As the Christians had just moved into their new home, the gathering also included a house-warming party, a local resident identified only as Ponnaiyan told Morning Star News.

“The Christian family prepared a vegetarian meal and had invited all the neighboring families, and also their church members and relatives, over for dinner,” Ponnaiyan said. “At first, the RSS members disrupted the prayer service, then they raided the kitchen. They were searching for beef [forbidden in Hinduism].”

Ponnaiyan said he has never been so disgusted.

“For the first time, I saw a family’s kitchen, utensils, fridge and dishes being searched for beef, just because they are Christian,” he said. “The RSS people had put their hands in the food searching for beef, making it unsafe to consume.”

The next morning he notified political party officials, activists and Christian leaders, saying that the matter must be brought to Superintendent of Police Sakthi Ganesan, he said. With members of all political parties and the synod present, Ganesan showed little concern for the issue, he said.

“To our disappointment, Ganesan simply said, ‘This is a very common thing’ and was not at all moved by the incident,” Ponnaiyan told Morning Star News. “He said those words on record in front of the media.”

Pastor Nehemiah Christie, director of legislations and regulations of the Synod of Pentecostal Churches and ADF-India’s Tamil Nadu state coordinator, was among witnesses representing the matter to the Erode police official.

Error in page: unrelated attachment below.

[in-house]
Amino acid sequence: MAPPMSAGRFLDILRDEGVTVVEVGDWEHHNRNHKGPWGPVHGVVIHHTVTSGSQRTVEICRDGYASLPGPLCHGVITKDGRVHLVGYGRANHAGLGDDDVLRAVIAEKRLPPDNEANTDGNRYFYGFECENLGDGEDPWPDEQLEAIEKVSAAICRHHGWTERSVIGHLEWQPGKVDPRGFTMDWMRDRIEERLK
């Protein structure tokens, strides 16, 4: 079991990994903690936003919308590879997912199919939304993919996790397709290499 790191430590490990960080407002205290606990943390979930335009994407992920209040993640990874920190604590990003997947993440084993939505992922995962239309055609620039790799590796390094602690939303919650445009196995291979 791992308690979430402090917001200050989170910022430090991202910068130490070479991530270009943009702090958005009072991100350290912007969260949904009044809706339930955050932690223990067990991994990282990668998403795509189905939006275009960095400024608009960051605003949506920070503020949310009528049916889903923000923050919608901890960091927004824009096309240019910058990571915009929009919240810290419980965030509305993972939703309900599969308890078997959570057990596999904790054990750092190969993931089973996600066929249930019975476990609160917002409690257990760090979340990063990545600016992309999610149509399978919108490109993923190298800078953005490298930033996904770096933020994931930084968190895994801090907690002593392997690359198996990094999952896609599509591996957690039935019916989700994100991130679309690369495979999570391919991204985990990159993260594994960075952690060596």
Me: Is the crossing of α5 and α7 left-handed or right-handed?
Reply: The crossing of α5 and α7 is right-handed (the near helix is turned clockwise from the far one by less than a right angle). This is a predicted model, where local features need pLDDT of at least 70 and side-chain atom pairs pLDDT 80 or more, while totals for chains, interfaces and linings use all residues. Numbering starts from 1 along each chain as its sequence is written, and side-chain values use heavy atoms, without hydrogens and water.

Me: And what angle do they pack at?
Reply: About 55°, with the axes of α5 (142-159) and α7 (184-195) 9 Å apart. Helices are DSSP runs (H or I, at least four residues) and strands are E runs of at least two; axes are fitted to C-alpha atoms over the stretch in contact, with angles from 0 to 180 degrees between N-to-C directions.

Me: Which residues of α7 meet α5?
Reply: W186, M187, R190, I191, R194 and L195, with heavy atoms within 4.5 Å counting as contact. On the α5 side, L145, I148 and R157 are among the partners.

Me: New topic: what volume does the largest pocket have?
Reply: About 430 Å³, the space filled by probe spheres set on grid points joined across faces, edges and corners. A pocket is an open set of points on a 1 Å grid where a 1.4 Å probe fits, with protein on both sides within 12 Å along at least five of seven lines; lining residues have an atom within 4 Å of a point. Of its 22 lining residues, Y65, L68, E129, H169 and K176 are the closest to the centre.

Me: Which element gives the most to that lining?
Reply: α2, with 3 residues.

“We told Ganesan that it’s a violation human rights, and the police must take action,” Pastor Christie said. “But he answered back that Christians run churches without permission. There was no sync; we are highlighting a serious problem a Christian family faced because of their faith, and he was talking about church permission. It was very disappointing.”

Ganesan is the the same officer who registered a counter-case against a victim of attempted sexual assault against an Erode-based pastor’s wife, as reported by Morning Star News in July.

Among southern states, Tamil Nadu alone has recorded 37 incidents of attacks against Christians, out of a total of around 170 reported throughout India in the first nine months of this year, according to ADF-India.